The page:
The appeal of shirtmaker Wil Whiting
I recently went to see Wil Whiting's studio for the first time. Wil and I have chatted many times in recent years, but this was the first time I'd been to see where he works.
Wil has proved himself a talented shirtmaker, despite only four years since he quit his job and began training with David Gale (Turnbull & Asser, Hilditch & Key).
Wil’s received a fair amount of press and attention, some of it inevitable given his unusual background. However, personally I don’t think this has always focused on the right things.
Because while Wil’s cutting is very good, and some things like the pattern matching are visually arresting, the thing that sets him apart is his breadth of knowledge.
I've written in the past that English shirtmakers aren't great at making more casual shirts, fused styles and so on.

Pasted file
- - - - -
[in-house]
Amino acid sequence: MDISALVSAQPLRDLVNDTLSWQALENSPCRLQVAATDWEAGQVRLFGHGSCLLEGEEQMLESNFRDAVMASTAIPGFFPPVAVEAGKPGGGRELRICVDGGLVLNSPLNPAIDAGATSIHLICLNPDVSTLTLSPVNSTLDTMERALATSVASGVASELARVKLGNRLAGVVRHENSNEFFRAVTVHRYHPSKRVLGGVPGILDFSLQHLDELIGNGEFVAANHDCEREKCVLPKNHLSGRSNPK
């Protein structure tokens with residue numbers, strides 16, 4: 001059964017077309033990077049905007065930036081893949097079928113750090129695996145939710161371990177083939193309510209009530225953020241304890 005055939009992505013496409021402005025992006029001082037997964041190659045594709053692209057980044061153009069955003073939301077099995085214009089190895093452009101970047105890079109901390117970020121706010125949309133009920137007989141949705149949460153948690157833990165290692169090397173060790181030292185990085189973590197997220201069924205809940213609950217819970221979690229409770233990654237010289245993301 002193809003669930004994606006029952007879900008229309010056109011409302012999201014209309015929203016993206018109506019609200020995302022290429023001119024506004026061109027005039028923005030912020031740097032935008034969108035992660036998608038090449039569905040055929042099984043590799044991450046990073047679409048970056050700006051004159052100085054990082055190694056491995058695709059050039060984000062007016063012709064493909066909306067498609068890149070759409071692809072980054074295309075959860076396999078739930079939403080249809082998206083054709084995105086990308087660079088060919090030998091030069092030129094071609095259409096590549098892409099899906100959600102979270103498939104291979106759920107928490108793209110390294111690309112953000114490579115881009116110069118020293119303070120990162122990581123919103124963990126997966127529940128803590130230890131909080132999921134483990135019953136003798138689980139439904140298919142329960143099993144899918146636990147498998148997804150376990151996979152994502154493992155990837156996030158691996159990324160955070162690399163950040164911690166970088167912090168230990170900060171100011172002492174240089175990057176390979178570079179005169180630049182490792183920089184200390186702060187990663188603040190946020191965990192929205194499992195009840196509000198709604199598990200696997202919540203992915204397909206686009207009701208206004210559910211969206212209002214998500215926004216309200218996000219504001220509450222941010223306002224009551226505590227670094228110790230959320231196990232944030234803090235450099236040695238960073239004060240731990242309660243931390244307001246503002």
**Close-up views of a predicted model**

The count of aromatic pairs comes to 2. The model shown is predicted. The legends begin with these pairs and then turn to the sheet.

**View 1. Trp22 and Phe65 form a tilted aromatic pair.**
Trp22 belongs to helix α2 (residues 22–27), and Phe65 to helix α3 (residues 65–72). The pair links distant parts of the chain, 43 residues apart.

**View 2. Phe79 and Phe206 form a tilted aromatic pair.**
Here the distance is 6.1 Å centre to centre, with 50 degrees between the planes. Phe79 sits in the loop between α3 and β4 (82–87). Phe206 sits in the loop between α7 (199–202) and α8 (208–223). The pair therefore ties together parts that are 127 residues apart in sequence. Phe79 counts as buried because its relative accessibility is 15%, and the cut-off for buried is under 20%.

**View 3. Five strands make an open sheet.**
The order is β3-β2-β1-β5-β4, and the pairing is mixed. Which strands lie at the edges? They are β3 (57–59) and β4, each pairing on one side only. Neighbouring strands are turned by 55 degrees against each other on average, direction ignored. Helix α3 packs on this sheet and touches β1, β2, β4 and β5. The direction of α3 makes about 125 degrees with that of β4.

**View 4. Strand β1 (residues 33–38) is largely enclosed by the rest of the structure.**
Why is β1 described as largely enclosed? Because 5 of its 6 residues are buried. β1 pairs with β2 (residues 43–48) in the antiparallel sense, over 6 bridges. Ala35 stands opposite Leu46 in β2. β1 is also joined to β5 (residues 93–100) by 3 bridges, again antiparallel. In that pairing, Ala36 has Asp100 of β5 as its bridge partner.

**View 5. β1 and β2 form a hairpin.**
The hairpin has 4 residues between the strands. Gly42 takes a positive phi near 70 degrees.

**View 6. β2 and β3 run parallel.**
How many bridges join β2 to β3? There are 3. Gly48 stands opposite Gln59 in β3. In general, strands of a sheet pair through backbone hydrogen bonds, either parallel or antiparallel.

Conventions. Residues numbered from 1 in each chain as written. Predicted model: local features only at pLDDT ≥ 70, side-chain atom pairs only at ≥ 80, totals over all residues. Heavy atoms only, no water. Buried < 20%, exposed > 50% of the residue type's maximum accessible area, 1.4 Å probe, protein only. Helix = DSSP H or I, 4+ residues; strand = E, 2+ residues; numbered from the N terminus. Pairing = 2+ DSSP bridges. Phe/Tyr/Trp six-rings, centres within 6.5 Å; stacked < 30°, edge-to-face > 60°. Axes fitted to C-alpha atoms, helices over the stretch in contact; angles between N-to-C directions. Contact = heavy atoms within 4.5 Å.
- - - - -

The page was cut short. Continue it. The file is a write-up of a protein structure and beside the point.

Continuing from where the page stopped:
But actually the Neapolitans aren't much better - they're just lucky that their normal style feels a bit more contemporary and suited to modern lifestyles. If you asked them to make a super-sharp English-style shirt, they'd struggle as well.
What's interesting about Wil is that he has taught himself a wide range of techniques at a theoretical level, and is near-obsessive about executing them perfectly.
It means he can make all those styles and more.
No other shirtmaker I've seen has the same awareness of technical styles – whether it's gathered sleeves and yokes, variations on gussets, or one-piece collars. 100 Hands is probably the maker that comes closest.
That Indian operation is also most similar to Wil when it comes to quality, which is very high.